The Heritage Foundation is reporting that the results of the results of the first round of comments were released by Regulations.gov and show that our of 211 comments submitted thus far, only six support the mandate.
A review of the comments shows that the vast majority oppose the mandate because it violates the religious liberty of Americans and to the free exercise of their faith. Some oppose the mandate because of the health hazards of the medical procedures covered by the mandate. A few even called for a full repeal of ObamaCare.
For instance, one commenter, who identified herself as Arlene from Colorado, wrote: “As a Democrat, I will vote Republican if religious freedom is not protected and respected.”
An anonymous commenter from Missouri said the mandate constitutes “a religious freedoms issue, not a women’s issue.”
The results are hardly surprising. Polling data has consistently shown that Americans are strongly opposed to the mandate. In a survey conducted by Rasmussen Reports at the height of the controversy in February, 50 percent of Americans disagreed with the requirement that would force religious employers to provide insurance coverage for healthcare services that violate their consciences.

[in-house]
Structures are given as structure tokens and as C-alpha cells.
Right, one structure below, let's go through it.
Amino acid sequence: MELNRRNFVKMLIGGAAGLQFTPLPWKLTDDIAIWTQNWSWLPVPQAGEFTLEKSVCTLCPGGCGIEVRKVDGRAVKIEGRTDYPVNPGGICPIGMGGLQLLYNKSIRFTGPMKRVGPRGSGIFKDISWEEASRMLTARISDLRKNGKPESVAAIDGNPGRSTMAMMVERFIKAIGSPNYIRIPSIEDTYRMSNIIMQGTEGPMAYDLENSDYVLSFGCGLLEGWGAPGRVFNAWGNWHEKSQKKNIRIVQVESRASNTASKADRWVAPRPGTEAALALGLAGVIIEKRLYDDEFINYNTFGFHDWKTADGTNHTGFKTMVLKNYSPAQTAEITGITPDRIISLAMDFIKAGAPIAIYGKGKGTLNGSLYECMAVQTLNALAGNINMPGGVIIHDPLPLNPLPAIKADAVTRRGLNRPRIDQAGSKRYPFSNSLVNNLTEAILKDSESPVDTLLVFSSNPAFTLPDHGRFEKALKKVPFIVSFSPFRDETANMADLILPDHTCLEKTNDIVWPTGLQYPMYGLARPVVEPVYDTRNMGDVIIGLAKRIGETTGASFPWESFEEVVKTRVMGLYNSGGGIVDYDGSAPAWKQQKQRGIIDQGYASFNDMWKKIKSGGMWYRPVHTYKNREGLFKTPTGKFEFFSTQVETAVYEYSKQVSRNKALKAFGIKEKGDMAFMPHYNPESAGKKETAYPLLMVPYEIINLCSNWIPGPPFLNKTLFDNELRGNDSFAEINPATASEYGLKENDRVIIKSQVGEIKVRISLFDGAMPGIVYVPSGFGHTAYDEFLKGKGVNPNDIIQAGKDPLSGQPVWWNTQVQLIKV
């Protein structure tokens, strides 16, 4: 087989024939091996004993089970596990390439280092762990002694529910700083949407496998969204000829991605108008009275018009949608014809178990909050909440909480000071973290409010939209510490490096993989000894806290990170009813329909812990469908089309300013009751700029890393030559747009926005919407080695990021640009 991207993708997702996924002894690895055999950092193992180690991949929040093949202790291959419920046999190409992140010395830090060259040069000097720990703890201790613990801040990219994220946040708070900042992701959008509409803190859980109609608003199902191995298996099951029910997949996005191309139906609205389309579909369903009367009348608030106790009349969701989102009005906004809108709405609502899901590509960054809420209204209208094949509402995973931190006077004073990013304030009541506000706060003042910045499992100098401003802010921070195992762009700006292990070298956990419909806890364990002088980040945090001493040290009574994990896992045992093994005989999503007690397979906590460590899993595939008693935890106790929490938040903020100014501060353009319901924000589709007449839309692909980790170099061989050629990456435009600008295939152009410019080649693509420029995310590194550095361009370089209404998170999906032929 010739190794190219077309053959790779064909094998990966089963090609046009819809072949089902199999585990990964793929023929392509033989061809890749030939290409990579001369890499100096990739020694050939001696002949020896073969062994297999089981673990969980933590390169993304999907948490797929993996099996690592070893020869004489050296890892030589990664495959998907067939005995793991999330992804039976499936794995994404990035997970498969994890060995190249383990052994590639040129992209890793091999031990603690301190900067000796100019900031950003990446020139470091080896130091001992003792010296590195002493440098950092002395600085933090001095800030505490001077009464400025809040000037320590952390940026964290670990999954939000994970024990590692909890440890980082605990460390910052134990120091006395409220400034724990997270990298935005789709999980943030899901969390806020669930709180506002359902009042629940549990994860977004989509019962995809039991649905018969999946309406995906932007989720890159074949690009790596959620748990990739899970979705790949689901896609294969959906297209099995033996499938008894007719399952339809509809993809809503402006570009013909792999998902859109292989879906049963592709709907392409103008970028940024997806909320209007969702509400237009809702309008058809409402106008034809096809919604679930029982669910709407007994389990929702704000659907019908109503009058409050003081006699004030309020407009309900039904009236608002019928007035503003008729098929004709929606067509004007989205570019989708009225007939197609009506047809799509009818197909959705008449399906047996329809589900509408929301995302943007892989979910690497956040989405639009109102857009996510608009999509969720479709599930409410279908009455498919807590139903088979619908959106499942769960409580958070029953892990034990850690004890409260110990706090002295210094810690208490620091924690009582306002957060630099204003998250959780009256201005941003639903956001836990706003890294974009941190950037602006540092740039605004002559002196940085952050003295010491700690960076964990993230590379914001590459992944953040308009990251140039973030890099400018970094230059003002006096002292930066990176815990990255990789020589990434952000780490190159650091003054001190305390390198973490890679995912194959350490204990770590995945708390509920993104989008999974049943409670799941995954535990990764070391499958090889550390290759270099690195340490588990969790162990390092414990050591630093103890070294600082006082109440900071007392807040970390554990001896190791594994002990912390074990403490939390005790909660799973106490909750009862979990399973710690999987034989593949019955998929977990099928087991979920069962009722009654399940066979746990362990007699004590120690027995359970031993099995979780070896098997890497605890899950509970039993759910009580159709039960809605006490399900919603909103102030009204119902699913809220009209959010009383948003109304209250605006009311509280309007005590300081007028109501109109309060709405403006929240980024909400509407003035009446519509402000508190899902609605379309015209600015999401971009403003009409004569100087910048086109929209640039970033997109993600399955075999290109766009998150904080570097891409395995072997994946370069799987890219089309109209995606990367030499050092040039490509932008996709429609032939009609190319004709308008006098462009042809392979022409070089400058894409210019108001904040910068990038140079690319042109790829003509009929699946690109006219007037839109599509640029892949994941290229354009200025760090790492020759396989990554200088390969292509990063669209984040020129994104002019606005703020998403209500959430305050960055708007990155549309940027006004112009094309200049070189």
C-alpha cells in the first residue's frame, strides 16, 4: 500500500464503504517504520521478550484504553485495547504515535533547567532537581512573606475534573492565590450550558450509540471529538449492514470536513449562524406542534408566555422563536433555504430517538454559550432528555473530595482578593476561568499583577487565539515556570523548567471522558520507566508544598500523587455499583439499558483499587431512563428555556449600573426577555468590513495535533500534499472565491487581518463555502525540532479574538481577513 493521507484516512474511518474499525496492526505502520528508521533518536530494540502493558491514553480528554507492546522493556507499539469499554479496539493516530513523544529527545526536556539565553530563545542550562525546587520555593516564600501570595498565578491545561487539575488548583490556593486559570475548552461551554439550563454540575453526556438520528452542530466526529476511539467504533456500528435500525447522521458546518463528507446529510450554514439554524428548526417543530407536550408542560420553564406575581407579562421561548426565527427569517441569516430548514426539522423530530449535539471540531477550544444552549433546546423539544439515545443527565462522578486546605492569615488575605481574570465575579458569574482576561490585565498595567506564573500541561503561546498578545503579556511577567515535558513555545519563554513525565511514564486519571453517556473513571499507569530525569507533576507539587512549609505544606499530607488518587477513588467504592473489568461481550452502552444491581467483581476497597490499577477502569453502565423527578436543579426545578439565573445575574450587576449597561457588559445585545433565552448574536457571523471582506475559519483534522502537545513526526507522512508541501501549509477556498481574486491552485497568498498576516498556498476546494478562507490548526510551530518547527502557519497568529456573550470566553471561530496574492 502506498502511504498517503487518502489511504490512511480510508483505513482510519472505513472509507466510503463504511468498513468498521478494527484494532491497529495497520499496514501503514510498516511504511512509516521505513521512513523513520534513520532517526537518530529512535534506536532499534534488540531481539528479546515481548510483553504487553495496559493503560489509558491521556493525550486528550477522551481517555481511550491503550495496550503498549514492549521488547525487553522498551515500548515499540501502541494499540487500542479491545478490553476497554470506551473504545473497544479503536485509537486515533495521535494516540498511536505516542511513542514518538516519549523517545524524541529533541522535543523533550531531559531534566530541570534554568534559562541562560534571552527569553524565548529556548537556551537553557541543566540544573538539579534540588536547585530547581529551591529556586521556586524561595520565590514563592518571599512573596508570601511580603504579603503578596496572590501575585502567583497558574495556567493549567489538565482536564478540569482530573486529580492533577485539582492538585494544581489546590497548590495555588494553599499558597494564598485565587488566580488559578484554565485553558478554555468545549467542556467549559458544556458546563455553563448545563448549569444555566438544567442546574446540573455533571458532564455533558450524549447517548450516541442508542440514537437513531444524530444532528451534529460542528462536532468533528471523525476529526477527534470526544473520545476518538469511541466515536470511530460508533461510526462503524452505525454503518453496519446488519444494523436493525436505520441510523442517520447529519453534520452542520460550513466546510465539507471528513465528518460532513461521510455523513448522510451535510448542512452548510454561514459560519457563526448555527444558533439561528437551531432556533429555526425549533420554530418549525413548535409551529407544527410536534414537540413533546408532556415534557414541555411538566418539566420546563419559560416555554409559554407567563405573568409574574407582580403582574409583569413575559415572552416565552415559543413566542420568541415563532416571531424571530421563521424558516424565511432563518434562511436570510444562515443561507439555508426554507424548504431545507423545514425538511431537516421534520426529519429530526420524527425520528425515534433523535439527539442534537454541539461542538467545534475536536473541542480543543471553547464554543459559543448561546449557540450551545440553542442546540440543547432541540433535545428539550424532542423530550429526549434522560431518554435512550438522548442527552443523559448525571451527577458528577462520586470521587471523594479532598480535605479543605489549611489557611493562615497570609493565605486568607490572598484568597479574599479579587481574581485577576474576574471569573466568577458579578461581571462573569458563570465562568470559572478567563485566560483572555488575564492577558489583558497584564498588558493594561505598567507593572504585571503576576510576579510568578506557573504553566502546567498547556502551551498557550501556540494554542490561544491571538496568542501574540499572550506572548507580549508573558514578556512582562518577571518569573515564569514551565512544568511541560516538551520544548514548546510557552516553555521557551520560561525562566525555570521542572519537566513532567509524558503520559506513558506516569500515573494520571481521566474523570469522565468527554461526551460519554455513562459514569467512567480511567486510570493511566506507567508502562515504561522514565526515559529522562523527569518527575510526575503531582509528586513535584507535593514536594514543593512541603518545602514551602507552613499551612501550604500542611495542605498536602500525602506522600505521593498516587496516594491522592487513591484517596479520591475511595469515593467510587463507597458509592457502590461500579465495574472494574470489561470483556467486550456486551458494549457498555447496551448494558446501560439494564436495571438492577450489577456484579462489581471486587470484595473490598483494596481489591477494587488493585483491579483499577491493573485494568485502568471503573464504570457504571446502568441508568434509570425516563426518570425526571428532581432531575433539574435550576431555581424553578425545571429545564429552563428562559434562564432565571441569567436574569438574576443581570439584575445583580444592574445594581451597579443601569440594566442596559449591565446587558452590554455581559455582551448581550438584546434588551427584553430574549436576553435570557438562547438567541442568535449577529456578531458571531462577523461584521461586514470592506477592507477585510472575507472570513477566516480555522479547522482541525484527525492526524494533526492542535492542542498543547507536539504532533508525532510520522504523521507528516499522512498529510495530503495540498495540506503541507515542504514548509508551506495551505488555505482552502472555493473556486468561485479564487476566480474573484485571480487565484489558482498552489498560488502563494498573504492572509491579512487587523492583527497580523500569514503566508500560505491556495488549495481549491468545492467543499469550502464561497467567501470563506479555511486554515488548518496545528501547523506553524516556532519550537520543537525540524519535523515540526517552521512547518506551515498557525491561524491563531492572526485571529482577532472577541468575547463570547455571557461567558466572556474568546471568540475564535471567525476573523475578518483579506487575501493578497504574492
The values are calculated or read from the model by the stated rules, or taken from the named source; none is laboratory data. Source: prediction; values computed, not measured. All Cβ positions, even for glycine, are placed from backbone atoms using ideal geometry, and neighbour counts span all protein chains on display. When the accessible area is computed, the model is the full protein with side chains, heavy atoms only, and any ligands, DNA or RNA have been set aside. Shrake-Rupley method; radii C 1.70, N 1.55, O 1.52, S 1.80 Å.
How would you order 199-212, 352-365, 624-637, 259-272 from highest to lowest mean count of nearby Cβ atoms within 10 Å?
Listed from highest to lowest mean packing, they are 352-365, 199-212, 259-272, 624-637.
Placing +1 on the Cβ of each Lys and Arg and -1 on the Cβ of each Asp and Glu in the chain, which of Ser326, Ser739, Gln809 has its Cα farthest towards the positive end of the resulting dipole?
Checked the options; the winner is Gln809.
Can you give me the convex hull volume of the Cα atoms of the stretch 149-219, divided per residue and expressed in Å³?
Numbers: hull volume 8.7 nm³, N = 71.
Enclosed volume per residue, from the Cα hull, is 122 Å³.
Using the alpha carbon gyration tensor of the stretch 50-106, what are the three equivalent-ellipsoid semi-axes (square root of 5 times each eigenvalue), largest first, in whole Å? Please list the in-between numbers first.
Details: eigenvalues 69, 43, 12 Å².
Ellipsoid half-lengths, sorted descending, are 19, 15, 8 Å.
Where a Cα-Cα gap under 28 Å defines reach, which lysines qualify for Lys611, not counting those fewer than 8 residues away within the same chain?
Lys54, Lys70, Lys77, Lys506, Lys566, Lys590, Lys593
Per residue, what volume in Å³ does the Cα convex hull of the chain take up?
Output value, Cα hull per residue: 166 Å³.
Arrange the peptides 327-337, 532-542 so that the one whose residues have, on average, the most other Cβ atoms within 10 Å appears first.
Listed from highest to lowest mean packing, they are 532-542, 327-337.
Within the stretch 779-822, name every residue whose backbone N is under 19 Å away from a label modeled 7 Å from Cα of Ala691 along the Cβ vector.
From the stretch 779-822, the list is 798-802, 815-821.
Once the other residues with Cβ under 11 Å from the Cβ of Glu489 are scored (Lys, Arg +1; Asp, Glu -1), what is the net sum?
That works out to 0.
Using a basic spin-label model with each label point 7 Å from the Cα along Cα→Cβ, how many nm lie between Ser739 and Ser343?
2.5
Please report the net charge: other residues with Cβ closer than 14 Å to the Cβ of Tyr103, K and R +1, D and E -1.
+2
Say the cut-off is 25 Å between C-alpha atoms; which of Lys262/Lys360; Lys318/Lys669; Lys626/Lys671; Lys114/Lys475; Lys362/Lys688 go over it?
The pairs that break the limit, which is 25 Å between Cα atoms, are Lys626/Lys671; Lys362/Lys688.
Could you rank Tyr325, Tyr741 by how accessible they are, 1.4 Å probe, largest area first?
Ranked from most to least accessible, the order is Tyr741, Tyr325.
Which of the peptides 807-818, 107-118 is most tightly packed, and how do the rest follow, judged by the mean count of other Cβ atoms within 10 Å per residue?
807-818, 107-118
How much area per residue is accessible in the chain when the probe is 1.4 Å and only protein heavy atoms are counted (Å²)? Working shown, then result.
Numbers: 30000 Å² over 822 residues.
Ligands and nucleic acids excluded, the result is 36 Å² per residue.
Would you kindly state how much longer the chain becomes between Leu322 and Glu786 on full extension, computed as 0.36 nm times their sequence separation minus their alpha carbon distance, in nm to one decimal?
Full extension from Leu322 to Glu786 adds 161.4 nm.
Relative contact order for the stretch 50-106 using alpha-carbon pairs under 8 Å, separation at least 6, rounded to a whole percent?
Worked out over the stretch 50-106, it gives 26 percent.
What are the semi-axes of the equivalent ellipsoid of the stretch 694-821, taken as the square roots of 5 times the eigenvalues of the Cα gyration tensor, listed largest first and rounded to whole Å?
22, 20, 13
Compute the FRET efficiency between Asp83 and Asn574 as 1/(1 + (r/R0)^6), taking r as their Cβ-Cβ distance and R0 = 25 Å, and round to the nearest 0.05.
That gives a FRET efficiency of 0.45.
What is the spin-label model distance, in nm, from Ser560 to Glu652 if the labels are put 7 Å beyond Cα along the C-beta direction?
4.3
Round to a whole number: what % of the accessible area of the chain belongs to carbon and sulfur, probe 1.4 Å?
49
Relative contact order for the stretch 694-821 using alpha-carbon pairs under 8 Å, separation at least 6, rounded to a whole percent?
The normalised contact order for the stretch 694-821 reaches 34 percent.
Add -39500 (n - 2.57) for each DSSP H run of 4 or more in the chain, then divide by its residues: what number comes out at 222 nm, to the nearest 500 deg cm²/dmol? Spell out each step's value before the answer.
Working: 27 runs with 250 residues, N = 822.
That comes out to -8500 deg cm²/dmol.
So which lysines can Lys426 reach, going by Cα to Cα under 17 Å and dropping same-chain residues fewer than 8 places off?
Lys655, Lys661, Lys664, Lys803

"Of course the fundamental problem with the anti-conscience mandate is not just that it’s unpopular, but that it violates the law," writes Lachlan Markay for the Heritage Foundation. "The First Amendment protects Americans’ religious and moral freedoms, a fact that the Department of Health and Human Services does not appear to have taken into account in formulating the rule."
In fact, HHS Secretary Kathleen Sebelius shocked members of the House Education and Workforce Committee on April 26 when she admitted to putting the mandate together without seeking legal advice from the Department of Justice on the constitutionality of the new regulation.
"Ignorance may be bliss for Secretary Sebelius," writes Geoffrey Surtees for the American Center for Law and Justice, "but her ignorance comes at great cost to the constitutional rights of countless citizens."
The public comment period extends for 90 days and is intended to gather comments on how to implement the February 10 "accommodation" to the mandate that involved little more than accounting gimmicks meant to pacify religious employers but which left the original rule basically unchanged.
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